Albuquerque business and community leaders join nationwide effort to permanently protect the Grand Canyon from toxic mining

November 29, 2016

Albuquerque, NM– Albuquerque business and community leaders joined a nationwide campaign urging President Obama to permanently protect America’s most iconic national park — the Grand Canyon— from toxic uranium mining on public lands surrounding the park.

In New Mexico, over 100 local businesses have signed on to a letter calling on the president to create the Greater Grand Canyon Heritage National Monument before he leaves office.

“The Grand Canyon is one of the most amazing places on earth, and it’s part of what makes America so special,” said Hannah Perkins, an organizer with Environment NM. “But without action to stop it, toxic uranium mining could ruin the area for future generations.”

The proposed monument, supported by nearly one million Americans, would prevent new mining and logging on 1.7 million acres of public land surrounding the national park. The land provides protection to the Colorado River and its watershed, which supplies drinking water to more than 25 million people downstream.

The area is home to North America’s largest old growth ponderosa pine forest and dozens of unique and endangered wildlife, from bighorn sheep to the California condor. It also hosts thousands of ancient Native American archeological sites dating back millennia.

“If we maintain these treasures then they do generate economic and business opportunities and provide solid livelihoods right now…It is their existence that creates the bounty,” said John Mauldin, speaking to the economic side of things. Mauldin is the owner of Outdoor Regear. a consignment outdoor gear shop and one of the local businesses calling for the creation of this monument.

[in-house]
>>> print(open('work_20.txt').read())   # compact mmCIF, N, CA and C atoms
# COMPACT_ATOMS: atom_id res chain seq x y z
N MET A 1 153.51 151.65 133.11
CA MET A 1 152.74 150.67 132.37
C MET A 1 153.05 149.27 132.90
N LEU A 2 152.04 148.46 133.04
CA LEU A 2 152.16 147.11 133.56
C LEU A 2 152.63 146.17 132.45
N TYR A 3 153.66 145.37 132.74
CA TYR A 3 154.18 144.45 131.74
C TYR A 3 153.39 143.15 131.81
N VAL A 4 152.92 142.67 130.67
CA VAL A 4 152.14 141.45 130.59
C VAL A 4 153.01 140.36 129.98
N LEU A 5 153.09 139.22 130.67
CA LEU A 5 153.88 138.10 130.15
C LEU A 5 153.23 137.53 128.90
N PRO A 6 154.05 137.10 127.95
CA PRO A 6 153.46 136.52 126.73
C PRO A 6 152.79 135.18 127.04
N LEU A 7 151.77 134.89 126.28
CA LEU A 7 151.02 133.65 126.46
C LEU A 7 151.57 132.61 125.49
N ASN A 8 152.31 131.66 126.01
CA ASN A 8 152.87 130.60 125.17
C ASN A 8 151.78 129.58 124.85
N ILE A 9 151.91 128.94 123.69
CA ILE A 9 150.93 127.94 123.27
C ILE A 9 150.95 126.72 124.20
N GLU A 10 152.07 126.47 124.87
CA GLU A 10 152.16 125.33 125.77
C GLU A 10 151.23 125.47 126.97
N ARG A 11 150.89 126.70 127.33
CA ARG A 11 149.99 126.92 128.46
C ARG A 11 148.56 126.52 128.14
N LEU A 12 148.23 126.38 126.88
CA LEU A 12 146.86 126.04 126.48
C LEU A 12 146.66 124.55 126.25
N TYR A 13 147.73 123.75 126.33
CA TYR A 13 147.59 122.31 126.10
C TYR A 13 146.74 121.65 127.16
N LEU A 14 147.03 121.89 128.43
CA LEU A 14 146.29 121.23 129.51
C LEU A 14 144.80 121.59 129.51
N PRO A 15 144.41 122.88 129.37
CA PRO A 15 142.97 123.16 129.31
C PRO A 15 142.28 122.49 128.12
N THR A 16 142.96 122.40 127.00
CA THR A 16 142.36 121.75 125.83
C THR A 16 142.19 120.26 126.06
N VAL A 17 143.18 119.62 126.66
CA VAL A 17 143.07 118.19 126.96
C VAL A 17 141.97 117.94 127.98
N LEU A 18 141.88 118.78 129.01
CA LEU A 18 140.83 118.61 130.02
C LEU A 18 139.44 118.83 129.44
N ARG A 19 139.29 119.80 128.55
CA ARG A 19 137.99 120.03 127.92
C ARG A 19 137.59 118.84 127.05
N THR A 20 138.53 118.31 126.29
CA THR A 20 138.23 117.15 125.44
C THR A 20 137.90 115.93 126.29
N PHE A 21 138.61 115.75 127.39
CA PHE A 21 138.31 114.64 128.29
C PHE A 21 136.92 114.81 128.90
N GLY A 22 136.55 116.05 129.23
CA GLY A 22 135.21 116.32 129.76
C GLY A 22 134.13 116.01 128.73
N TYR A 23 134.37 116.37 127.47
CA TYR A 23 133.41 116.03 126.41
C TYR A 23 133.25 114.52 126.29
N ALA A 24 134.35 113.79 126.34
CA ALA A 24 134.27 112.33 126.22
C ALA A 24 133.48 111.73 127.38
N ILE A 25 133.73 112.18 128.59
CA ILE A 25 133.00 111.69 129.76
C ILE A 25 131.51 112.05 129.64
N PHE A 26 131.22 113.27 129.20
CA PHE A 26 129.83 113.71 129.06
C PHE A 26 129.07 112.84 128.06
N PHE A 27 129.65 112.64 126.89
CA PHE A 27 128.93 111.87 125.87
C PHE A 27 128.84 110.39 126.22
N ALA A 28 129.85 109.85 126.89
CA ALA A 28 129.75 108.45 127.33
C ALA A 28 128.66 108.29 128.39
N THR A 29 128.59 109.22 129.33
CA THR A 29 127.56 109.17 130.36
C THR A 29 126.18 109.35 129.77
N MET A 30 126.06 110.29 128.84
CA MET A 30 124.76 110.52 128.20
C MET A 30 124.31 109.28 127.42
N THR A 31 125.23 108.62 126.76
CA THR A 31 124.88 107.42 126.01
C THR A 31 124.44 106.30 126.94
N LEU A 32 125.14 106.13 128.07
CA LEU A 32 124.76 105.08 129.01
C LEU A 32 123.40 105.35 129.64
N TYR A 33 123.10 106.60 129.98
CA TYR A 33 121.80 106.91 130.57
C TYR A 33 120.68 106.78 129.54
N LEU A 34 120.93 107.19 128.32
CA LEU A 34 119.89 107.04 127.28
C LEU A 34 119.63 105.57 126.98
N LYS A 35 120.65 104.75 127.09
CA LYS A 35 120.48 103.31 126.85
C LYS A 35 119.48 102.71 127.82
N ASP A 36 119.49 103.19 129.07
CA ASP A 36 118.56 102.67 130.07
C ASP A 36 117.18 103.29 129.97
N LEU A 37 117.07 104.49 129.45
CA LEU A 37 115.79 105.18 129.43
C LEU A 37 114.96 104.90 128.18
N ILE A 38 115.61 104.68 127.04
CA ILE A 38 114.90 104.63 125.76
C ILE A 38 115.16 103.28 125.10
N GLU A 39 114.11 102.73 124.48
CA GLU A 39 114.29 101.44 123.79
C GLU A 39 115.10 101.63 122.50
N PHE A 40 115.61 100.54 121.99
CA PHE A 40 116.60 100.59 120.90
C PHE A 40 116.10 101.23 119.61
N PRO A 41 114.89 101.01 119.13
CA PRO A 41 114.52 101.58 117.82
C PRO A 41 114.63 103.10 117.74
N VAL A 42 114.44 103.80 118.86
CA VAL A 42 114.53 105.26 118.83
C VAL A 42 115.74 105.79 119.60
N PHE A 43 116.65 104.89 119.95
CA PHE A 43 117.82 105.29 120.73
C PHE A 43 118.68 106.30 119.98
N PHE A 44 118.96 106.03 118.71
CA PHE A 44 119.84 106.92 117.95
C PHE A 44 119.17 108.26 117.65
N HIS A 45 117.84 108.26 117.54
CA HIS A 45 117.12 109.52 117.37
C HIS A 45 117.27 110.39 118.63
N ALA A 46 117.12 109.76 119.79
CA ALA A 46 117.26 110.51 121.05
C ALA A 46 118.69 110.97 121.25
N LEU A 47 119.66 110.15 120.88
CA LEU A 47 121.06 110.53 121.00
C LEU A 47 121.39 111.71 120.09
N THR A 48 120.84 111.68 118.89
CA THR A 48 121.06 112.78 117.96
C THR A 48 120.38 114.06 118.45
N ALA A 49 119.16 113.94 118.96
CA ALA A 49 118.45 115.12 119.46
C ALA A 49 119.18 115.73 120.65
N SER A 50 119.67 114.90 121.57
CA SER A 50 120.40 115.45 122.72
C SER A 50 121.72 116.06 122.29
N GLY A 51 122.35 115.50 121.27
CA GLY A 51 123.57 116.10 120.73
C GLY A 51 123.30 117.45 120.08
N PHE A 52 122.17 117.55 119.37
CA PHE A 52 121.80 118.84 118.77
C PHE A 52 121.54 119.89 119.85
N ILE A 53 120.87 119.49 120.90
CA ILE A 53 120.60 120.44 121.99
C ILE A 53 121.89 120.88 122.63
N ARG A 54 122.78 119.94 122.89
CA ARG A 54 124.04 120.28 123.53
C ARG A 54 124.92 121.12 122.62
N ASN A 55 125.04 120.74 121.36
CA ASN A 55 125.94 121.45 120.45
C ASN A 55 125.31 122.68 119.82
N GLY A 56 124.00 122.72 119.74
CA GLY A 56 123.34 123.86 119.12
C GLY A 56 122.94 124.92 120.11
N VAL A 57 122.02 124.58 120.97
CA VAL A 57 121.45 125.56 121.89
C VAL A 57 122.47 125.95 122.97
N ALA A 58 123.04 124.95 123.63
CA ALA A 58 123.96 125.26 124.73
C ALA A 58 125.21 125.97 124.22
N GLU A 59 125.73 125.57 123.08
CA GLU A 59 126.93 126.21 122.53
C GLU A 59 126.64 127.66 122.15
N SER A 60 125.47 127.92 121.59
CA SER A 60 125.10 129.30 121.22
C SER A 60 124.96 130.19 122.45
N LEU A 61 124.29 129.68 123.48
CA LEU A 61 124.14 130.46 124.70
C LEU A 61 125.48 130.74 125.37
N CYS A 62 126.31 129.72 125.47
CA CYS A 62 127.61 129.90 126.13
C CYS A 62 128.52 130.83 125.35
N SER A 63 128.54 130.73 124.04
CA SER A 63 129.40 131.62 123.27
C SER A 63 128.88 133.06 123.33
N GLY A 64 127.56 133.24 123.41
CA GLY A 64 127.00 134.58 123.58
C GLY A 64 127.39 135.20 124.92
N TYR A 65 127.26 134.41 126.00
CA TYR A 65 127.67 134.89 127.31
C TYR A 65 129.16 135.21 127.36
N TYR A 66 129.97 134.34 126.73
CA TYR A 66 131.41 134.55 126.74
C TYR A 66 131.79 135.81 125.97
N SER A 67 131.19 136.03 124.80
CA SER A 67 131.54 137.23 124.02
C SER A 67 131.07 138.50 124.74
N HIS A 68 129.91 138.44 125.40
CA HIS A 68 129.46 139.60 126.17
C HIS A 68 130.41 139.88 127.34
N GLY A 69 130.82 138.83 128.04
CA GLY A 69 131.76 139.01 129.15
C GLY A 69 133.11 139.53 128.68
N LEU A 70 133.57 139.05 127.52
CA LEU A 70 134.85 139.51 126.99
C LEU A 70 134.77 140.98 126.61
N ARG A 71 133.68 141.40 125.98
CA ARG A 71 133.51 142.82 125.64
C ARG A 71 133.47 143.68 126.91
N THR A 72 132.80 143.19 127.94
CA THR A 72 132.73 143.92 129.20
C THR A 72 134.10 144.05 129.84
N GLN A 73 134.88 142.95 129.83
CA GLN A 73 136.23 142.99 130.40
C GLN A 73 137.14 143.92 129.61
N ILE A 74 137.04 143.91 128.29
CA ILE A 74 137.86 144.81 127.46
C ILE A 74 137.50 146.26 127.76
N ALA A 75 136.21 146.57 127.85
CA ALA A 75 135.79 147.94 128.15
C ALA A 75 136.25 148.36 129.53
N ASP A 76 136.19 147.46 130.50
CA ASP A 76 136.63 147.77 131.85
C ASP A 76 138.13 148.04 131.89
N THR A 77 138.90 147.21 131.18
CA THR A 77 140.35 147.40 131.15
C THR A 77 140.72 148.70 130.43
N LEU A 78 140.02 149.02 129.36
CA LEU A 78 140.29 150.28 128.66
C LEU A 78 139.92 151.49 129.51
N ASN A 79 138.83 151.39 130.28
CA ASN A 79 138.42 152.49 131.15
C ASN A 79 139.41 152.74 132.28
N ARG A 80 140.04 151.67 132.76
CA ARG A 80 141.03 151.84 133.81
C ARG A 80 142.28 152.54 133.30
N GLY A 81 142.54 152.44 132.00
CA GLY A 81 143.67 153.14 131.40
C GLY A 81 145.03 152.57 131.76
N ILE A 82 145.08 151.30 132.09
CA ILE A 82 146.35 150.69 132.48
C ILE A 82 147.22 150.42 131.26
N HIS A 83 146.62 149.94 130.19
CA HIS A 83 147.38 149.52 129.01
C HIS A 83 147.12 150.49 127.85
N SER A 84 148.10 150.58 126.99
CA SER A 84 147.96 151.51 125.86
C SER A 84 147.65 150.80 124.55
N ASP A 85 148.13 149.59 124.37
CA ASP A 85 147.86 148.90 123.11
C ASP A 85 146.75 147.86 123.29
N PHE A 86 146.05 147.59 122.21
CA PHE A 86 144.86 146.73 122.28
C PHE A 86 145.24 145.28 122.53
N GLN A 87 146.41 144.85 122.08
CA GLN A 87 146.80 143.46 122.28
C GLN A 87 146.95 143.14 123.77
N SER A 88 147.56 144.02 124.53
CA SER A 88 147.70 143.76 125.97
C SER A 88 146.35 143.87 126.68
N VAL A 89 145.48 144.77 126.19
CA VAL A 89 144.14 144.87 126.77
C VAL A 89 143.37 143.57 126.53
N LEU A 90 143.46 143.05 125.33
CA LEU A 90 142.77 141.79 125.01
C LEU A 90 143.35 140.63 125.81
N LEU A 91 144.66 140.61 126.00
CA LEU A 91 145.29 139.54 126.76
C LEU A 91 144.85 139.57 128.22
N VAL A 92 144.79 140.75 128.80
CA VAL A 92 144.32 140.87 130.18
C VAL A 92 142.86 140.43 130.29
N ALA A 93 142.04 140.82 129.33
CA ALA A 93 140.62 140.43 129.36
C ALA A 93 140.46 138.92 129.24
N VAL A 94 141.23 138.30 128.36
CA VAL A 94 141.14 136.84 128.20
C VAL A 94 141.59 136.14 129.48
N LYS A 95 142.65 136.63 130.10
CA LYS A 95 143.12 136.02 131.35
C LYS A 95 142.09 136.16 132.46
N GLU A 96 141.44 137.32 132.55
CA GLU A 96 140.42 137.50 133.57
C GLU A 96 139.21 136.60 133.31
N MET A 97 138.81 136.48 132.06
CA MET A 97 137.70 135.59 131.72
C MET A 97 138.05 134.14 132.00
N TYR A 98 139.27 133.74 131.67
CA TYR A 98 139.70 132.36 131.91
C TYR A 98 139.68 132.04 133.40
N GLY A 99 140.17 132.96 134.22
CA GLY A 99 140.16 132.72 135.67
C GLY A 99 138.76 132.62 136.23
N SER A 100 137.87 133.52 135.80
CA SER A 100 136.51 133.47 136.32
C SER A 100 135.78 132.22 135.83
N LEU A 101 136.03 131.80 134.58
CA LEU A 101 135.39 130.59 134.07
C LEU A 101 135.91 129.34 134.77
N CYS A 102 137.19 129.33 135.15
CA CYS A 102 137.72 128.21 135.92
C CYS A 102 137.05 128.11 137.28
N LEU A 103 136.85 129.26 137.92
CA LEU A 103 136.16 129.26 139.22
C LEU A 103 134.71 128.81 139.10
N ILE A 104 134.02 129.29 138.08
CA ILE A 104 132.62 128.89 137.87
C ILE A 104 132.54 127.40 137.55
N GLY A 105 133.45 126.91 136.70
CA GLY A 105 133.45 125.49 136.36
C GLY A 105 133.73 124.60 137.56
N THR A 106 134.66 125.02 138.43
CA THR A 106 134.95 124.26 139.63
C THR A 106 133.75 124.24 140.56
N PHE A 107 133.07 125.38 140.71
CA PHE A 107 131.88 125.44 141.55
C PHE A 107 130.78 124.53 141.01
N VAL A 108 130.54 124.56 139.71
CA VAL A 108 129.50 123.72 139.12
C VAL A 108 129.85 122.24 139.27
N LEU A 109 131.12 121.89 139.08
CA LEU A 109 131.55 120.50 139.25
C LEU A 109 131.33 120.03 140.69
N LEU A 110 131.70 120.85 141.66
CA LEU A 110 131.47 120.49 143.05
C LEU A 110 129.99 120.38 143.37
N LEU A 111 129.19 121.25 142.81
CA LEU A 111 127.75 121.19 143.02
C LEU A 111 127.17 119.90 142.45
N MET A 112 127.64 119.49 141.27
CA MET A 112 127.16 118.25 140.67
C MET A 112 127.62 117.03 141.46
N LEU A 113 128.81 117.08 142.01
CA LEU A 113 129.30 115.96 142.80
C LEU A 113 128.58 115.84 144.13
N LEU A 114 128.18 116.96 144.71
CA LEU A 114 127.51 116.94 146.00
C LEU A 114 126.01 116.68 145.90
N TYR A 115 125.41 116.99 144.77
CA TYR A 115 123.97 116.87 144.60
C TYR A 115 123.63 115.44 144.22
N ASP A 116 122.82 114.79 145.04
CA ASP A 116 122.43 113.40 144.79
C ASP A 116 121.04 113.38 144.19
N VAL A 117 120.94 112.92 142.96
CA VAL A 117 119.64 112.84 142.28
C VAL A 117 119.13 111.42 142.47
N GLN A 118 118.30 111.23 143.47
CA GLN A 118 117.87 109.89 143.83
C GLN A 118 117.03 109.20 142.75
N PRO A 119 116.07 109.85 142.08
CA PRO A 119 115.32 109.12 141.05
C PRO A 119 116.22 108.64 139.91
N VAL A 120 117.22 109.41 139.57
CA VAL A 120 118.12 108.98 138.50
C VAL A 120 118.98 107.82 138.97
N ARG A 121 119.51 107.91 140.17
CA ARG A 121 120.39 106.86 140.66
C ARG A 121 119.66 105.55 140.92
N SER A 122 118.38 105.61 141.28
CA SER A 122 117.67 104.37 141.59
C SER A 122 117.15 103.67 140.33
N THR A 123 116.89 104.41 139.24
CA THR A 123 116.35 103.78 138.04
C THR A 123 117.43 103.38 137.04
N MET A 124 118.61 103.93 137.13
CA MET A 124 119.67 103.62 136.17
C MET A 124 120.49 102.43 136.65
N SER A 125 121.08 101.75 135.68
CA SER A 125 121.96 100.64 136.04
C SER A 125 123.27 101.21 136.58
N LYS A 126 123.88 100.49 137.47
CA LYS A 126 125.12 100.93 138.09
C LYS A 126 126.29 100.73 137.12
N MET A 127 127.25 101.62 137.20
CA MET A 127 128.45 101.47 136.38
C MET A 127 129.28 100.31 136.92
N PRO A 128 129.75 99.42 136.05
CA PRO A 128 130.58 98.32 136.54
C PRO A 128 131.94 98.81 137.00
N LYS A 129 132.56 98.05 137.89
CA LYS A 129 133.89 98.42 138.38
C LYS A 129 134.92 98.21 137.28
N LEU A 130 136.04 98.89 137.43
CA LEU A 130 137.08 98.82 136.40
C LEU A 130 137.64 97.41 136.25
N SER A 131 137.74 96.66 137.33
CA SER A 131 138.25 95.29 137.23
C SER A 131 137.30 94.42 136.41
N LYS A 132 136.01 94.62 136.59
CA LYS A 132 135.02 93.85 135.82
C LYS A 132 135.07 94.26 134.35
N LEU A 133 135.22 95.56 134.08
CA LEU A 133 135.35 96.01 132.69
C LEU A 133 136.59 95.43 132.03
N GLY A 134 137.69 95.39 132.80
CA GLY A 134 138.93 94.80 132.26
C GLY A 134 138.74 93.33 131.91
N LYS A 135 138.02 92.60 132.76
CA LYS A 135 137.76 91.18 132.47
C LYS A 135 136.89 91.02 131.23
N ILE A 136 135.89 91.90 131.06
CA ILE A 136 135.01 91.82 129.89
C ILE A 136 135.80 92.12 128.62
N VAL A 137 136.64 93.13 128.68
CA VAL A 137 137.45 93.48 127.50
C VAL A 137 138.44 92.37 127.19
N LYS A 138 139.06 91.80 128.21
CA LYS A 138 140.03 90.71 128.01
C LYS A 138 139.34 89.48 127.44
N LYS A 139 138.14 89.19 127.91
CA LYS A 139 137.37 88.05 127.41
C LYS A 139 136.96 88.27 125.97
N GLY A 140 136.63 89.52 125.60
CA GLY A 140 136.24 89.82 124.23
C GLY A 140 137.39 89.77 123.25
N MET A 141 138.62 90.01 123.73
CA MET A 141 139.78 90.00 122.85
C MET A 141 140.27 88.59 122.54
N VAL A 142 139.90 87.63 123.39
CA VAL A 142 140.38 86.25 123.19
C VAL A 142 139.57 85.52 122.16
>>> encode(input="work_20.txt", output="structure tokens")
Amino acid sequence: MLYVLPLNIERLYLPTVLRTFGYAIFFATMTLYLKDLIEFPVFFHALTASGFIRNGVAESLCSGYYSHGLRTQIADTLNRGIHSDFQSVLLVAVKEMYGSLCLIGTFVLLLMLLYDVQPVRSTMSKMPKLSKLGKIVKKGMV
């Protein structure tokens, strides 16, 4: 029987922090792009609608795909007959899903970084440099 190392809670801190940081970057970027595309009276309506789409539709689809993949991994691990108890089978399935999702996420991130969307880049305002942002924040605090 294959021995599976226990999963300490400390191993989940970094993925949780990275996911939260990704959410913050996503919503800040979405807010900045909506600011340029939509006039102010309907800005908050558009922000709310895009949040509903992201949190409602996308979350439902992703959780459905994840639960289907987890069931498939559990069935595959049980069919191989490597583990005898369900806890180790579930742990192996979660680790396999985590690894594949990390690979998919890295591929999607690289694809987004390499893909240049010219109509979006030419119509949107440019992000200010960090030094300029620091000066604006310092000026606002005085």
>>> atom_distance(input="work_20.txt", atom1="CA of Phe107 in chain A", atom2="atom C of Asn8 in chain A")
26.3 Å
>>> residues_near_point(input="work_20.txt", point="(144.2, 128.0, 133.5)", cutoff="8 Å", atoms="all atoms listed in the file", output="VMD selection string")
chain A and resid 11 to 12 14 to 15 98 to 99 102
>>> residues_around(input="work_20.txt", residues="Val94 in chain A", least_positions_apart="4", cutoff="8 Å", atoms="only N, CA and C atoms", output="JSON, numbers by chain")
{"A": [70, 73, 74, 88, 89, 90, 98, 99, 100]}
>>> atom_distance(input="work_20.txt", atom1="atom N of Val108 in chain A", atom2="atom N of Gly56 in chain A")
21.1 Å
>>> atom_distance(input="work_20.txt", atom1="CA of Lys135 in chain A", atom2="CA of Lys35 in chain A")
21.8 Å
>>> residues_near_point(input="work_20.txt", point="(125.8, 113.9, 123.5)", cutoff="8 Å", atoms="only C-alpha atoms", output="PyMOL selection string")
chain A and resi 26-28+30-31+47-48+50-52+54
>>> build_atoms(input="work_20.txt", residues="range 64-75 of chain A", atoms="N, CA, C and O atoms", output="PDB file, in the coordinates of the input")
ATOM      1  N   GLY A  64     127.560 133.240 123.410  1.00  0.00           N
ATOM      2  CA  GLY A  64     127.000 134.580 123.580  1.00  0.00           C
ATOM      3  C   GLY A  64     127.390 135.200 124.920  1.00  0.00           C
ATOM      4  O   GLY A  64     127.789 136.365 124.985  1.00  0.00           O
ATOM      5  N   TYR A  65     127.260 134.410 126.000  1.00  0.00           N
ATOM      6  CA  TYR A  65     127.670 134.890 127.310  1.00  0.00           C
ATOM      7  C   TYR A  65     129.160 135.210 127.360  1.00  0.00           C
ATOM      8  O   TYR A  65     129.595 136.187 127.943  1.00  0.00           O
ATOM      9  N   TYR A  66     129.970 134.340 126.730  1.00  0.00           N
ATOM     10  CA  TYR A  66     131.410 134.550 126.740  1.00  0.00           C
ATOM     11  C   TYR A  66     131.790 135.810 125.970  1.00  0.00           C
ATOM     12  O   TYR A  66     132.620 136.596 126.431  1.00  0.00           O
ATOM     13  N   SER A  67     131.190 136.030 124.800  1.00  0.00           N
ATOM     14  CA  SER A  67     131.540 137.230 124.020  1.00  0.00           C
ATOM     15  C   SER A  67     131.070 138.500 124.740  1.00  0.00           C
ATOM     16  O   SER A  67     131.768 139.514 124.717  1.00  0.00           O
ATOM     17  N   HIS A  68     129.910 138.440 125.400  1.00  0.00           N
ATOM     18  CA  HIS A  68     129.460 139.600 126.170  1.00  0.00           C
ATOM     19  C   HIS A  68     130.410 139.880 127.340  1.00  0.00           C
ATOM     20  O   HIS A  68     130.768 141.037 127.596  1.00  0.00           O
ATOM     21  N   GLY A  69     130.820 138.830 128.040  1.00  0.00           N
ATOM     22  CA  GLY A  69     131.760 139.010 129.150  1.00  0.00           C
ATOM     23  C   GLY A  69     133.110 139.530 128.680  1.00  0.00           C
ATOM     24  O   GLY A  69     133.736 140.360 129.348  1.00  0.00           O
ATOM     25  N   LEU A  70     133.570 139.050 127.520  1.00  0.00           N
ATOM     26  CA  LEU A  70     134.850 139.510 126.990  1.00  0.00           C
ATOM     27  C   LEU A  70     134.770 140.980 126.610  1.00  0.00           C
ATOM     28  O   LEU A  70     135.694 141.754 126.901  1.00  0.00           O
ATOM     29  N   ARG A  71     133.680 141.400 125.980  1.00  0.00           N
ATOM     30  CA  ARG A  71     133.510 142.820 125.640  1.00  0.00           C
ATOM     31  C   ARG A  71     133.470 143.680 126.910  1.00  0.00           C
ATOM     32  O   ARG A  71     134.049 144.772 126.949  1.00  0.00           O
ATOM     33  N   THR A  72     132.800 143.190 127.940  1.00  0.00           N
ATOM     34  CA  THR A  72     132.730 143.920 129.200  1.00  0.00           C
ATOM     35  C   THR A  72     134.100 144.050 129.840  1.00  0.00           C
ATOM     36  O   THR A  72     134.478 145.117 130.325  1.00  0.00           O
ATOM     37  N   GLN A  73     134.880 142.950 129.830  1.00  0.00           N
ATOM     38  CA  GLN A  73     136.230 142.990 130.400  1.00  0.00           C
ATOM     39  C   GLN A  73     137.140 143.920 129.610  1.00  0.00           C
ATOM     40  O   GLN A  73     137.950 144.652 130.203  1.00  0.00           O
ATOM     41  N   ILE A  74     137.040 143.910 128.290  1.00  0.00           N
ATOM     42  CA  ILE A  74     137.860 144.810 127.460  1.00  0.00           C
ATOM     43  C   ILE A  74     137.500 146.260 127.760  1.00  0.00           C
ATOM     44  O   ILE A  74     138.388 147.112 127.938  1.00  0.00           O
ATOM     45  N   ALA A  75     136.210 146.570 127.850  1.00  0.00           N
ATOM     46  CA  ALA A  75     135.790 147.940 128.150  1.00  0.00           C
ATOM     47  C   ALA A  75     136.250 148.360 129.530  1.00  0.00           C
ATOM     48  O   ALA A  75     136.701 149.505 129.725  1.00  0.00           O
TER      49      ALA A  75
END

Judy Calman from the New Mexico Wilderness Alliance also spoke about the work they do to protect public lands in New Mexico and how that relates to protecting the Grand Canyon.

Grand Canyon National Park is one of the nation’s most visited parks, drawing 5.5 million people each year for hiking, paddling and more, sustaining thousands of jobs and generating $300 million in economic activity.

Mining isn’t currently allowed within the park itself, and new mines are currently prevented under a 20-year moratorium issued by the Obama administration in 2012.

But as the price of uranium has climbed, companies are pushing for the moratorium to be lifted. One company, Energy Fuels, Inc. has begun to reopen a mine, the Canyon Mine, not covered by the moratorium, just six miles from the park’s popular South Rim.

Old mines around and inside the national park have left water contamination that lingers to this day, and new mining could further harm the Colorado River, which provides drinking water to more than 25 million people downstream.

“This year, we are celebrating the 100th birthday of our national parks, and there’s no better time to protect this great American icon,” said Perkins. “In Albuquerque, we’ve seen how hundreds of people and dozens of small business leaders want President Obama to protect the Grand Canyon forever.”

Environment NM is a statewide, citizen-funded advocacy group working for a cleaner, greener, healthier future.

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